The R&AC study suggests Americans largely confirms Marsden’s drift. For example, in one instructive chart that details reasons for individual bible reading, a preponderance of respondents relied on the bible reasons that don’t have much relationship to the culture wars. 72% said they read the bible “for prayer and devotion,” and 62% “to learn about religion,” while registering at 23%, 22%, and 21% respectively, were perennial cultural war topics such as, “to learn about poverty or war,” “to learn about obtaining wealth,” and “to learn about abortion or homosexuality.” So, people read the bible to be religious not disagreeable.
However, in the question period following Noll’s address, one person did bring up a perennial culture war issue. The audience member asked Noll to weigh in on the “persecution” of Americans who want to bring the bible back or deeper into public life, especially in regard in this instance, into schools. Noll acknowledged the sincerity of the concern expressed in the question, but gently turned our attention to the fact that persecution of Christians in America has little to do with “atheists” or the state. He pointed out that what is much more significant is how Christians have persecuted other Christians throughout American history, most tragically in the years of slavery and segregation that span the entire history of the nation. It was an interesting moment, in part because the exchange demonstrated not only how resilient Neuhaus’s popular argument has been but also how we might go about changing, as Noll suggested, the way journalists assume that bible readers and believers are certain kind of partisans in the culture wars.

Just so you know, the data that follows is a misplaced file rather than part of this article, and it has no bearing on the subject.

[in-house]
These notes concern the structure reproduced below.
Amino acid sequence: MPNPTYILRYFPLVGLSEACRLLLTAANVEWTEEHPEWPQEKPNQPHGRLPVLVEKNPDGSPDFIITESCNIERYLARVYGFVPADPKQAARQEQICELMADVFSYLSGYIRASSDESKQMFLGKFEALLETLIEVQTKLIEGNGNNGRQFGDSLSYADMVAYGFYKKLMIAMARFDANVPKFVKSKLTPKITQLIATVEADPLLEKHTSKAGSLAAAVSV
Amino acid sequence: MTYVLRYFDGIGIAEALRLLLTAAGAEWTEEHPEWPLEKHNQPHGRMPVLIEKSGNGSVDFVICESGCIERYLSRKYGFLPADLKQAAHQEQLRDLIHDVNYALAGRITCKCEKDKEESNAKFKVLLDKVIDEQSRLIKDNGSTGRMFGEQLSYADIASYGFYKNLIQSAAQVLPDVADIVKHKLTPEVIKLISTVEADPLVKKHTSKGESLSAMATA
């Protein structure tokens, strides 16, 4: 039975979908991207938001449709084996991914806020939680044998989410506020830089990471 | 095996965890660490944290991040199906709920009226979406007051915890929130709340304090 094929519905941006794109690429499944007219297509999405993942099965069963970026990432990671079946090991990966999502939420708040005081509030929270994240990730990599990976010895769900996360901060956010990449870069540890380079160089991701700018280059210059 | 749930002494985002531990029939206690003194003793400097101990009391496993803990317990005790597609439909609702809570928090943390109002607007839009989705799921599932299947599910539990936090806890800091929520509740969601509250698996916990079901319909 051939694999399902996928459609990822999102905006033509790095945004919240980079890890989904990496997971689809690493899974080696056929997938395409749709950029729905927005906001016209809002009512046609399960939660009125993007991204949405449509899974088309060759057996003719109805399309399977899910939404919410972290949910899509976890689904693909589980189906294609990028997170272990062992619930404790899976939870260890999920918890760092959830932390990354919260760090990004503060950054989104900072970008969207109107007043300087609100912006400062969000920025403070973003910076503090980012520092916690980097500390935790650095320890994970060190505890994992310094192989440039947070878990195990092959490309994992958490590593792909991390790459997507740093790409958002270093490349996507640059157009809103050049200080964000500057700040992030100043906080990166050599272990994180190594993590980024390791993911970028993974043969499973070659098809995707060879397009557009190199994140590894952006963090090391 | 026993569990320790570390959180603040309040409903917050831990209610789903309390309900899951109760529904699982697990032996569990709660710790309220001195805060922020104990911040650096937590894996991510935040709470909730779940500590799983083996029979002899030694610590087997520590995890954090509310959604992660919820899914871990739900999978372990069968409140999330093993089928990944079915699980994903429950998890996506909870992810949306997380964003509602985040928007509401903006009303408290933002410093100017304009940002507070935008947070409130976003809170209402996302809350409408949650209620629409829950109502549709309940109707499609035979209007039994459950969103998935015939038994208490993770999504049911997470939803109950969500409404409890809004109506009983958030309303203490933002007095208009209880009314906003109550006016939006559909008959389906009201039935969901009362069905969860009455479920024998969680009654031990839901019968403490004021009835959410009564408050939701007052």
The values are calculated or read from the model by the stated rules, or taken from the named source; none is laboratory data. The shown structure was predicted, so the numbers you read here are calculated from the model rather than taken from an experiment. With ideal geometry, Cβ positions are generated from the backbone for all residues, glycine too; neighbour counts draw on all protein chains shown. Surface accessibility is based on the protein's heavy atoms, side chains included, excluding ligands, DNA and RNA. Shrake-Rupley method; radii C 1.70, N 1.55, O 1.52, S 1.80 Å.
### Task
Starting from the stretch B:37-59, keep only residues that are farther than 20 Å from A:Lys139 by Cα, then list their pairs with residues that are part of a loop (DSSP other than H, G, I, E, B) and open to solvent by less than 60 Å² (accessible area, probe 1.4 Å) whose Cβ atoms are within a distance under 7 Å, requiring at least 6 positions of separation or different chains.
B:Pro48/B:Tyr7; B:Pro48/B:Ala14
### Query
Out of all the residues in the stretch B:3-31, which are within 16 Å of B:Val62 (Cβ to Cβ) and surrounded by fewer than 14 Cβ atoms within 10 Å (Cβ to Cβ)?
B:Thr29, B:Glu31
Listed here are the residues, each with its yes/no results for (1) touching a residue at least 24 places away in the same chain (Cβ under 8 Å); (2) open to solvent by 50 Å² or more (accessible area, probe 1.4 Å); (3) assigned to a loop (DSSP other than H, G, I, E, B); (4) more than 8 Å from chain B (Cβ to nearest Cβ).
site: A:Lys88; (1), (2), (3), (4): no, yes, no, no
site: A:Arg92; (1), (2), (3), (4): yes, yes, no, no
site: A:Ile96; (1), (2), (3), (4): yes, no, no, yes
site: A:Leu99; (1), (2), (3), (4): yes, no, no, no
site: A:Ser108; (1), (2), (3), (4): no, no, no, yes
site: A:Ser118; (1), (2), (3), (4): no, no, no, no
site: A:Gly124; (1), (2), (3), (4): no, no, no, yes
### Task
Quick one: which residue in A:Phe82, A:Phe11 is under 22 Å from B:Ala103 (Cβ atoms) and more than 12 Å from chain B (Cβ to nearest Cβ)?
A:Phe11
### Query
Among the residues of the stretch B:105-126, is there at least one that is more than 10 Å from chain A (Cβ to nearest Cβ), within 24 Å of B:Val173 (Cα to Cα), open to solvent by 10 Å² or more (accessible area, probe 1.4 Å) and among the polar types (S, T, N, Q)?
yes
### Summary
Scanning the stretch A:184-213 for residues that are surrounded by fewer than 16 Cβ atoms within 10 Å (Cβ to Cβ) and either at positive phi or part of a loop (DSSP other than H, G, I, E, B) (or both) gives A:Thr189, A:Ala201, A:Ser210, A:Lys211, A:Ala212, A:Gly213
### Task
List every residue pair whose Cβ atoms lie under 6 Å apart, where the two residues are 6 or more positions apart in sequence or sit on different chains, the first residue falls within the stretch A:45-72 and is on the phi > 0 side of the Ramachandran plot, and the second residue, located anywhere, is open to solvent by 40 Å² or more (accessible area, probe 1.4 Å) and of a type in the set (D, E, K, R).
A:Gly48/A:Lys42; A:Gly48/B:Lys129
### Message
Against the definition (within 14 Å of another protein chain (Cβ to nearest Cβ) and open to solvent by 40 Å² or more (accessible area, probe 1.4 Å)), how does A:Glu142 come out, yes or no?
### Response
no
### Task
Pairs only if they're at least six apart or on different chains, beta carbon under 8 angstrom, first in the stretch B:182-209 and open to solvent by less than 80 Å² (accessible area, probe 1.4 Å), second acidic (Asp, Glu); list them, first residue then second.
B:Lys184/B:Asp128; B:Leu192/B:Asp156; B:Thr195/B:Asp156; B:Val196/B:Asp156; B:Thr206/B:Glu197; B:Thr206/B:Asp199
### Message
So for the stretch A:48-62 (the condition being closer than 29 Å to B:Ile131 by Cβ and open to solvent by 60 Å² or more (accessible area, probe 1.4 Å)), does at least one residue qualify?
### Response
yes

There was another interested revelation, at least to me, in the R&AC report: one relatively popular reason Americans read the bible is “to learn about the future.” At 35%, the rate of this response has significance, but what does it mean? It seems to me, the item is revealing for two reasons: first, it punctuates and points up a relationship between Protestant fundamentalists and evangelicals regarding the complexity of millennialism; second, it suggests more general conclusions about the power and endurance of millennial visions in American life. Matthew Sutton spoke directly to this finding in large part because it figures into his forthcoming book, American Apocalypse: A History of Modern Evangelism. Sutton argues that millennial thought that began relatively obscure in the early 20th century developed, over the course of post-1945 American history, into a popular, political, and ideological structure that proved to be an influential alternative to official, professional, and academic analyses of world affairs. In other words, Sutton helps us understand that while both FDR and Obama have both been seen as the anti-Christ, they are different kinds of anti-Christs.
So, yes, obviously, the bible still matters in American life and it matters for reasons that are not easily lumped into the categories of the culture wars. But there was one last observation that seemed to animate Noll’s talk, that in an age that seemingly allows many ways for Americans to grow more atomized, the bible has been surprisingly adaptable. The bible is on kindles, in apps, and used in movies, television shows, and webinars. If even if bible verses and passages no longer comprise the everyday vocabulary of Americans, there is a large number of Americans who continue to pick up the book and share that practice with a larger number of their neighbors. Half of those polled said that they had read some scripture in the past year, and of those 95% had read scripture in the bible. Is there a text as widely used as the bible? If not, what should we, intellectual historians, do with it?